Microsoft has initiated one of its biggest management shakeups in years, as it announced today that Robbie Bach and J Allard, the masterminds behind the company’s hugely successful push into video-game consoles, are leaving the company after decades of leading the Windows giant into new markets.
Bach (pictured left), the head of Microsoft’s Entertainment & Devices group, is retiring after 22 years at Microsoft, according to an announcement today by Microsoft chief executive Steve Ballmer, who said that Bach is “leaving on a high note.”
The two men are not being directly replaced. Don Mattrick, head of the game business under Bach, will now report directly to Ballmer, as will Andy Lees, head of the mobile communications business that includes the upcoming Windows Phone 7 operating system. David Treadwell will join the interactive entertainment business group to lead the technology development that Allard (above, right) supervised. Both Bach and Allard have now commented on their reasons for leaving in interviews with TechFlash. Both say they separately decided it was time for them to move on.
Bach was responsible for managing the Xbox and PC game business, and he supervised Allard as the group tried to take on Apple head-on with the Zune music player, Windows Mobile, and now Windows Phone 7.
Were they innovators or copycats? A little of both. But they were products of Microsoft’s relentless culture of trial-and-error design, as I wrote in my books, Opening the Xbox and The Xbox 360 Uncloaked, which are the sources for much of the information in this story. Microsoft had a habit of being a fast follower. If someone emerged with something innovative, such as the iPod, Microsoft chased it and iterated on its efforts. The early products were often obvious clones, filled with bugs. But the latter products were often so good they beat rival products.
“Not everything I’ve worked on started out easy, and, in fact, a lot of the things I worked on started out really hard,” Bach said in his interview with TechFlash today. “But the ability to be persistent about that, to keep attacking, keep working at it is important.”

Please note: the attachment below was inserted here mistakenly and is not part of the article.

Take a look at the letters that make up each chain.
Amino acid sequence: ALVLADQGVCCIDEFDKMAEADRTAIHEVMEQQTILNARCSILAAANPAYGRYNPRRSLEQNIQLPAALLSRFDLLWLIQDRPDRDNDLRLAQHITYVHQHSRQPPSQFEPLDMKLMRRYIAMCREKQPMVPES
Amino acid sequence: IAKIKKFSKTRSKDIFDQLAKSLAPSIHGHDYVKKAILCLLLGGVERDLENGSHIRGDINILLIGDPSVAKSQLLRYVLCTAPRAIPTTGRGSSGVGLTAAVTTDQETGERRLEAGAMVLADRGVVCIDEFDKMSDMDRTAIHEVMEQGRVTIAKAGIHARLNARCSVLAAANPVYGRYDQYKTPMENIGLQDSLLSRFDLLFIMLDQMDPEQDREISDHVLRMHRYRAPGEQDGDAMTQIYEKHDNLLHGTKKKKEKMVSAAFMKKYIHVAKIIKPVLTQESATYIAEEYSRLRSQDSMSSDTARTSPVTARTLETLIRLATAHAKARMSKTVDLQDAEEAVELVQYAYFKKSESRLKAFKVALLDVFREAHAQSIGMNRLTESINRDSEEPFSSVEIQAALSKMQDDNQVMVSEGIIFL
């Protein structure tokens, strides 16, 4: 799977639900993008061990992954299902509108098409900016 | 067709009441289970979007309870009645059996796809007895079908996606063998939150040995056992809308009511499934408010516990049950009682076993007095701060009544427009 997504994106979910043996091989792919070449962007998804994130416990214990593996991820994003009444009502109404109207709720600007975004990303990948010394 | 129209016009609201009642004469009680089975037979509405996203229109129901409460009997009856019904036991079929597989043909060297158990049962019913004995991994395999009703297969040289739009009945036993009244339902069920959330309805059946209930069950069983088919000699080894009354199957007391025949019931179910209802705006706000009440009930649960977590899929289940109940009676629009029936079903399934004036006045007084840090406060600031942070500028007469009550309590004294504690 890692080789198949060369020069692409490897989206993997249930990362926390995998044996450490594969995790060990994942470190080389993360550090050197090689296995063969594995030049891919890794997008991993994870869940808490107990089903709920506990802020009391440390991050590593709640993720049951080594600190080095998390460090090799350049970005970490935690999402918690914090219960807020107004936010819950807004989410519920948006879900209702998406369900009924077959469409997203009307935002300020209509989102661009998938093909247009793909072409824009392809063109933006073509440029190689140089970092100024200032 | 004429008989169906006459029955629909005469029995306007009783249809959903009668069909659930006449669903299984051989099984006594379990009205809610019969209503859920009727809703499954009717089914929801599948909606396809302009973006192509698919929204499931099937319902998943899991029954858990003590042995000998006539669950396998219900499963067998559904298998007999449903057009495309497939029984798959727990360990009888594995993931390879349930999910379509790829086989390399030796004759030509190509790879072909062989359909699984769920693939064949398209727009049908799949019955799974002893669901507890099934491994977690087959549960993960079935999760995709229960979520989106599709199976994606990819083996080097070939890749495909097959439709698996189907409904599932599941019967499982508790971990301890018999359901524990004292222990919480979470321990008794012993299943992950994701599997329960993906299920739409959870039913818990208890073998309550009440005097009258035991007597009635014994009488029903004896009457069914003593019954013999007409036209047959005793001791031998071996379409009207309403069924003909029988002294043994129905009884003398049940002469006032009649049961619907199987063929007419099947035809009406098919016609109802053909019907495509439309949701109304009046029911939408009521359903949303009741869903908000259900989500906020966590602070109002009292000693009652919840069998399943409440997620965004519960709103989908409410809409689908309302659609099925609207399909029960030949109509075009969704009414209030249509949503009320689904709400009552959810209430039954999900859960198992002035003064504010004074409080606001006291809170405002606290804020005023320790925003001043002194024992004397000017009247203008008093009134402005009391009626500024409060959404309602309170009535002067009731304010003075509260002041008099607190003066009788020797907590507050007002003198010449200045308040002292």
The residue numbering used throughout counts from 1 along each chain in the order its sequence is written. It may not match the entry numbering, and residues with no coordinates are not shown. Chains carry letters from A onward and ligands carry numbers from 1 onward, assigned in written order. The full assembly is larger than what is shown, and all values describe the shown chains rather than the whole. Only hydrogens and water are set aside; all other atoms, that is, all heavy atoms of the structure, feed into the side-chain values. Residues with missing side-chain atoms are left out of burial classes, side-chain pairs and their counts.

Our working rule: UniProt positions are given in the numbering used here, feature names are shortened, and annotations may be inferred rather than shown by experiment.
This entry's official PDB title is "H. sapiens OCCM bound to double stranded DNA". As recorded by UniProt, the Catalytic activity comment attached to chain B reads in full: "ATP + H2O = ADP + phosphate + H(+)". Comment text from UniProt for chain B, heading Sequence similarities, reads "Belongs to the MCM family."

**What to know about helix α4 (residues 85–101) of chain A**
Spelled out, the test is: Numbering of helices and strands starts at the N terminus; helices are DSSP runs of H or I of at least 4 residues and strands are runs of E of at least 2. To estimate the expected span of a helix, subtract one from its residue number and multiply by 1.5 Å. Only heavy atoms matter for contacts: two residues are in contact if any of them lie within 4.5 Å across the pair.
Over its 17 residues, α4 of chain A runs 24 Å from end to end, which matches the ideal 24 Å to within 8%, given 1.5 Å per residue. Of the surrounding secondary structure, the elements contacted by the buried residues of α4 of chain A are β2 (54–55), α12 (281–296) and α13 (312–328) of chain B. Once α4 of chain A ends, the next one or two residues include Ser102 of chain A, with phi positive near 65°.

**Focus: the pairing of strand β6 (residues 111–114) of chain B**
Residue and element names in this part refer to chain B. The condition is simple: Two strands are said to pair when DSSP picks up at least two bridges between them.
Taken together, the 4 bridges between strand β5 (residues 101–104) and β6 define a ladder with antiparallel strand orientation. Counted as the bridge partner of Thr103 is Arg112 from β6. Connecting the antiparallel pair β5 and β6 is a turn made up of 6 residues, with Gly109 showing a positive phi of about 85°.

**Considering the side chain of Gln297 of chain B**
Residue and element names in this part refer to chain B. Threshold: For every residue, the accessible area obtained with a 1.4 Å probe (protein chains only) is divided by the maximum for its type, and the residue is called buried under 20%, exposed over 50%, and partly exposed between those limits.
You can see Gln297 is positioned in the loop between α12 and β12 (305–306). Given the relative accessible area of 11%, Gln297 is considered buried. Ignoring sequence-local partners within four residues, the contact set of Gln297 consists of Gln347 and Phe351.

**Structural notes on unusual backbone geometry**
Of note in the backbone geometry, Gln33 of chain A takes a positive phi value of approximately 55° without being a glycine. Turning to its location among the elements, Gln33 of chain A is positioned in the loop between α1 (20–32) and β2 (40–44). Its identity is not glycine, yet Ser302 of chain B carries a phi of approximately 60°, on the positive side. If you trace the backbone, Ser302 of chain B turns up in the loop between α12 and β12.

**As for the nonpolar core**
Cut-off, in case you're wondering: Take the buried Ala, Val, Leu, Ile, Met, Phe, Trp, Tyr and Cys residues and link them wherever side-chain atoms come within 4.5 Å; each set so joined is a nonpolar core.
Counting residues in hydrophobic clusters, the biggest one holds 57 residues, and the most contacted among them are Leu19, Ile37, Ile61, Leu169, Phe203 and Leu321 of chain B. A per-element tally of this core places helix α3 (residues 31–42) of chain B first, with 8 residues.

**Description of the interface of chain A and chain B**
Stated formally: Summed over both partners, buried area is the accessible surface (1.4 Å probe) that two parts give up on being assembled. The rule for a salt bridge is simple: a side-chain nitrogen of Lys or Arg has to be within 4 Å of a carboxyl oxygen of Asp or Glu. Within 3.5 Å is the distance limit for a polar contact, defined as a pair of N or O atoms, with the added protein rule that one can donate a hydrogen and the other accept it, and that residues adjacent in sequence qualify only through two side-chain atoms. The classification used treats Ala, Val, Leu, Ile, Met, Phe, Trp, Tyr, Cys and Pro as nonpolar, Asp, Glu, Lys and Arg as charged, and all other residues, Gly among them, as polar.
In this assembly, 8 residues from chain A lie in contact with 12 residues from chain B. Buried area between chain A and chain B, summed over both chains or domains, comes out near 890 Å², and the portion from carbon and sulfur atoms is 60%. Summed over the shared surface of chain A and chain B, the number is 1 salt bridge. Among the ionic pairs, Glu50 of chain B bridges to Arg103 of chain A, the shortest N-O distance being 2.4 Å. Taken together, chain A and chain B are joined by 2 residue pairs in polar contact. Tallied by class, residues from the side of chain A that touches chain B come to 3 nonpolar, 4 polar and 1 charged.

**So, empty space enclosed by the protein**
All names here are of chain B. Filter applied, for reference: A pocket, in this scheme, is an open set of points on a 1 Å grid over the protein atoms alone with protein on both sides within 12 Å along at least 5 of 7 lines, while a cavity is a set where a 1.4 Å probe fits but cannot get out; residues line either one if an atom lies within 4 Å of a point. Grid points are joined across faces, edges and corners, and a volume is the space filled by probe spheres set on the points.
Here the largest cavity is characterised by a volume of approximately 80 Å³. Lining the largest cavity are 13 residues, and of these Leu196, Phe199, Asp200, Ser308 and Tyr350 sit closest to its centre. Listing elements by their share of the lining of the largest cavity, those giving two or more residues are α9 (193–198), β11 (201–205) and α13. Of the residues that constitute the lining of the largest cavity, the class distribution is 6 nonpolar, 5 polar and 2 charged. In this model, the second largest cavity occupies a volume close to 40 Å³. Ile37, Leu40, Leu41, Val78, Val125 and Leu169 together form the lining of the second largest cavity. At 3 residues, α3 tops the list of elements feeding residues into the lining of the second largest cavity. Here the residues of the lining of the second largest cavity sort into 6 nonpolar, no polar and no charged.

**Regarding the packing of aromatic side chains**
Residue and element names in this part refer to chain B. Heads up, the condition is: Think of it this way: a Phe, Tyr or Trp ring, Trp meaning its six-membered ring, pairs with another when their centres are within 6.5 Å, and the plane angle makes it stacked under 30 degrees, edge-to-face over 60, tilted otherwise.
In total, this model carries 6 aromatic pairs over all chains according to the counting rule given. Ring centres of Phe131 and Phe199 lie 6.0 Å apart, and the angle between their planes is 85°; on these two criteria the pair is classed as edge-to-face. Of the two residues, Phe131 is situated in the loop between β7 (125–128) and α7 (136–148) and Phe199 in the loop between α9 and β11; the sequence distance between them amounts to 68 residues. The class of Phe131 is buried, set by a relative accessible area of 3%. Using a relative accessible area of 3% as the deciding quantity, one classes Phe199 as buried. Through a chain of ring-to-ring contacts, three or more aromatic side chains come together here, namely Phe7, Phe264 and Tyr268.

The most complimentary thing said about both Allard and Bach was that they built great teams that got the job done. For instance, Allard’s team of a handful of engineers was able to create the bare bones game operating system for the Xbox. Normally, Microsoft assigned gigantic teams to handle such tasks. Allard’s technical wizards were known as “friends of J,” or the FOJ. He referred to them in his parting memo today as The Tribe.
Their projects included some of Microsoft’s greatest business triumphs as well as its worst failures. Bach rose through the ranks in Microsoft’s Office division. His leadership helped Microsoft go from last place to first in productivity suites, which became the cash cow alongside Microsoft’s Windows business. Bach was known inside Microsoft as a “shipper,” or someone who had gotten products out on time. With the Xbox video-game console, Bach had to make the major business decisions that floated up to him from the product designers, which at various points in time included Ted Hase, Otto Berkes, Seamus Blackley, Kevin Bachus, Cam Ferroni, Ed Fries and Allard.
Of that group, James “J” Allard (he always went by J) had a reputation as a shipper as well. He joined Microsoft in 1991 as a networking programmer and his goal was to marry the internet and Windows. He ran an unsanctioned project in early 1993 to create Microsoft’s first internet server. On Jan. 25, 1994, he penned a memo, “Windows: the Next Killer Application for the Internet.” He inspired Bill Gates to reorganize the entire company around internet technologies.